Professor Gates immediately called the Harvard Real Estate office to report the damage to his door and requested that it be repaired immediately. As he was talking to the Harvard Real Estate office on his portable phone in his house, he observed a uniformed officer on his front porch. When Professor Gates opened the door, the officer immediately asked him to step outside. Professor Gates remained inside his home and asked the officer why he was there. The officer indicated that he was responding to a 911 call about a breaking and entering in progress at this address. Professor Gates informed the officer that he lived there and was a faculty member at Harvard University. The officer then asked Professor Gates whether he could prove that he lived there and taught at Harvard. Professor Gates said that he could, and turned to walk into his kitchen, where he had left his wallet. The officer followed him. Professor Gates handed both his Harvard University identification and his valid Massachusetts driver’s license to the officer. Both include Professor Gates’ photograph, and the license includes his address.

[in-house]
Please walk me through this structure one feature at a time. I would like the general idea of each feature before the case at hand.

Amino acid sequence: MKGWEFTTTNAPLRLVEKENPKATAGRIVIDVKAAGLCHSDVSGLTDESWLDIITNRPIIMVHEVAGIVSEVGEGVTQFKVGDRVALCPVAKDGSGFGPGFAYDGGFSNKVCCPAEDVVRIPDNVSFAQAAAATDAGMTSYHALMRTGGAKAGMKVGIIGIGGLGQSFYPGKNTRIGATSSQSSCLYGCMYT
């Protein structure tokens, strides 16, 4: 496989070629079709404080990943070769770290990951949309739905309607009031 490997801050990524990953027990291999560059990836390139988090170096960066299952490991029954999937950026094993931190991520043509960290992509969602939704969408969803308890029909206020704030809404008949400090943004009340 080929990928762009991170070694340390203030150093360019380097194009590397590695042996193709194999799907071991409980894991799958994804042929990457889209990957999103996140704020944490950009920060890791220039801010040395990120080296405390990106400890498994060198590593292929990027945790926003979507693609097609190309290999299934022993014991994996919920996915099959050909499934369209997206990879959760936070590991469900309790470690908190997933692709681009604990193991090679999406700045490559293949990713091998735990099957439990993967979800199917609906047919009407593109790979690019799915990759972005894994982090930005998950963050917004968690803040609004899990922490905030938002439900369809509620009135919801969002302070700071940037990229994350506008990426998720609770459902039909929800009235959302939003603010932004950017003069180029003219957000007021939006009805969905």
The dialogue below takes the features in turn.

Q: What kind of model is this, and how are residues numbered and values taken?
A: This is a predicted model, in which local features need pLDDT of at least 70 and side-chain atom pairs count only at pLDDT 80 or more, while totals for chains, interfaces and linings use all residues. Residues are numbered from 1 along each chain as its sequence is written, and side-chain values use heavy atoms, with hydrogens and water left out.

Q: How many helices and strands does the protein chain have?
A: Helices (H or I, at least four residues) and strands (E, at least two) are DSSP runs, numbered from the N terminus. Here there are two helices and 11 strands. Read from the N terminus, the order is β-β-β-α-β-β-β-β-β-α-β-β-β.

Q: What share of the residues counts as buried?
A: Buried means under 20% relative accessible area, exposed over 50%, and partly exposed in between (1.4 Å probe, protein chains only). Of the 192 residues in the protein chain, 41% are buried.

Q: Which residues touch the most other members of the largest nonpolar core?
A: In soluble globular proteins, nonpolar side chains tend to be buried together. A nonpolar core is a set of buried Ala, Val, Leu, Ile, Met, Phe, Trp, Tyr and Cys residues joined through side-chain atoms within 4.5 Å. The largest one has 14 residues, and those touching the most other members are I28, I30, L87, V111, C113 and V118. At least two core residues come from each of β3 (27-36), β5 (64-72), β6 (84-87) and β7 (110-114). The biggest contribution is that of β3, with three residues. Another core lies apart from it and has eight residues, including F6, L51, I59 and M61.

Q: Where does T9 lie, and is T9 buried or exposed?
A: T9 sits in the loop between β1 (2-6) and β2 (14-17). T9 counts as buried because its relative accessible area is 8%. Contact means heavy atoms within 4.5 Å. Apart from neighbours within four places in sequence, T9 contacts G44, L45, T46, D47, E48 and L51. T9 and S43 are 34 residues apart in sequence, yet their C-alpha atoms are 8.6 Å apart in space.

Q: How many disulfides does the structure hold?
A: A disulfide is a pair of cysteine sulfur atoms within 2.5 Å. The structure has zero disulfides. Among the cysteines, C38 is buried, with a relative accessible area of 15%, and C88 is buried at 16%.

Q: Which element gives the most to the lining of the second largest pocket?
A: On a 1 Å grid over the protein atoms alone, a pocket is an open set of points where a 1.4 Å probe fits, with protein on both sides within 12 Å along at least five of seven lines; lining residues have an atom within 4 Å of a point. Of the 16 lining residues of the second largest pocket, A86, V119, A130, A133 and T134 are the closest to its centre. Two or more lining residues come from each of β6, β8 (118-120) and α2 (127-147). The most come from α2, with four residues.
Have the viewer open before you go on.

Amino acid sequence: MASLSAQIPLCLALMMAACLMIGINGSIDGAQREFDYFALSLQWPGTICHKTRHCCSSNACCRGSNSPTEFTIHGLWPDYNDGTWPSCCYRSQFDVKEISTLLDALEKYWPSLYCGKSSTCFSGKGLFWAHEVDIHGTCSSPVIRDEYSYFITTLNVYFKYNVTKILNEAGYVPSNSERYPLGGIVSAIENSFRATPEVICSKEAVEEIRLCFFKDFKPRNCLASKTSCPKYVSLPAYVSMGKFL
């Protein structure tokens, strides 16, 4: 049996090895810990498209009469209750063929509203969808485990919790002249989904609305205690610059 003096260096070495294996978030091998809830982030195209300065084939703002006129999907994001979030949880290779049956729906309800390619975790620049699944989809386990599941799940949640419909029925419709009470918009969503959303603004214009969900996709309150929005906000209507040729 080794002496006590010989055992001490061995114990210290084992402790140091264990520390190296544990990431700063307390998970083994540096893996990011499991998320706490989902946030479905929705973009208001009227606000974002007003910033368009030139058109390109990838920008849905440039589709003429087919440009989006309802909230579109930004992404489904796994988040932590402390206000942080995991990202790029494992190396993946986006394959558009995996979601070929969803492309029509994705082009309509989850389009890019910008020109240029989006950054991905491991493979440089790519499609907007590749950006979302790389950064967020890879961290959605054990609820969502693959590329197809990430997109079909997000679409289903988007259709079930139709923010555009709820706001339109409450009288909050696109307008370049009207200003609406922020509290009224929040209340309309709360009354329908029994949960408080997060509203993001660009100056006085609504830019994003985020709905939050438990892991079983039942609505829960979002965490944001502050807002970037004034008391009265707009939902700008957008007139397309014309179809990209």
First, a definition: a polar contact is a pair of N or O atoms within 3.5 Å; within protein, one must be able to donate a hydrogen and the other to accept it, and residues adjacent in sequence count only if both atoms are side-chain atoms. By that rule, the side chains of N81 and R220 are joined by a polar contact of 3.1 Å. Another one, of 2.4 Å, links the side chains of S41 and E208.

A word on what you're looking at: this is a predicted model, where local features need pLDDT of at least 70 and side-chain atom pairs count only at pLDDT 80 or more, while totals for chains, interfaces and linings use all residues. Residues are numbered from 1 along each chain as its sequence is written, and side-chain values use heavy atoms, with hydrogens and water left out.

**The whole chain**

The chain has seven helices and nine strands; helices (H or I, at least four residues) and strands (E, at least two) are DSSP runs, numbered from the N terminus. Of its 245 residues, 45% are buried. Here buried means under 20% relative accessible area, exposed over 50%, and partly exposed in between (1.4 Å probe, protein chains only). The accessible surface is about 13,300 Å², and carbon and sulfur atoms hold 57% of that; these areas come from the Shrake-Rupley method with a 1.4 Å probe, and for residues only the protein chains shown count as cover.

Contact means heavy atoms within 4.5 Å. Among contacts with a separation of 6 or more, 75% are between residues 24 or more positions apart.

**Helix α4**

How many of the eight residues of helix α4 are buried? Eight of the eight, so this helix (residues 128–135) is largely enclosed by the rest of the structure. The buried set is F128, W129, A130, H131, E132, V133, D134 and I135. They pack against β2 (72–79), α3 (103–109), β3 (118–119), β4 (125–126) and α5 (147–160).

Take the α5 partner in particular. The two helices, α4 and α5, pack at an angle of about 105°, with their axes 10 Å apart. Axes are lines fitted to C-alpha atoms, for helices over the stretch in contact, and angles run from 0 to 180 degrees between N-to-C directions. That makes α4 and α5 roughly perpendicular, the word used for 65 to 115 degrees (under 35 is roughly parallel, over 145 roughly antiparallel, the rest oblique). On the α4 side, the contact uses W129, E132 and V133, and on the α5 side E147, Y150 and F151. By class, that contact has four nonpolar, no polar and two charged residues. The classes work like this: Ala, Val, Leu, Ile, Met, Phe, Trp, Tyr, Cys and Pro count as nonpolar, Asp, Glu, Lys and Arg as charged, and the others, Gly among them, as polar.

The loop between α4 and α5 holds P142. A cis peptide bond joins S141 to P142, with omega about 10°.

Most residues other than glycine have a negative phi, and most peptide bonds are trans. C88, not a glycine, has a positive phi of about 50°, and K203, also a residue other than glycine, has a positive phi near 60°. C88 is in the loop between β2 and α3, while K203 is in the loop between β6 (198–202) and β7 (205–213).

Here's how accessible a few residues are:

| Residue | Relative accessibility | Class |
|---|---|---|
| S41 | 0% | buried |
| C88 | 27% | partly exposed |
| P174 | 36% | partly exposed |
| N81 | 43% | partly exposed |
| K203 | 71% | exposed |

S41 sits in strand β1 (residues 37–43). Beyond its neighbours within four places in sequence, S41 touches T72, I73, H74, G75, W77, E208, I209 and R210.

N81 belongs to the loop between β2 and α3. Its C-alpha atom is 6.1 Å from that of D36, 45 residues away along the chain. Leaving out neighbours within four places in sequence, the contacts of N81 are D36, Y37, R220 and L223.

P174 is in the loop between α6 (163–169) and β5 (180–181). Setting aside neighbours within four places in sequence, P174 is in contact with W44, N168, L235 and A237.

Professor Gates then asked the police officer if he would give him his name and his badge number. He made this request several times. The officer did not produce any identification nor did he respond to Professor Gates’ request for this information. After an additional request by Professor Gates for the officer’s name and badge number, the officer then turned and left the kitchen of Professor Gates’ home without ever acknowledging who he was or if there were charges against Professor Gates. As Professor Gates followed the officer to his own front door, he was astonished to see several police officers gathered on his front porch. Professor Gates asked the officer’s colleagues for his name and badge number. As Professor Gates stepped onto his front porch, the officer who had been inside and who had examined his identification, said to him, “Thank you for accommodating my earlier request,” and then placed Professor Gates under arrest. He was handcuffed on his own front porch.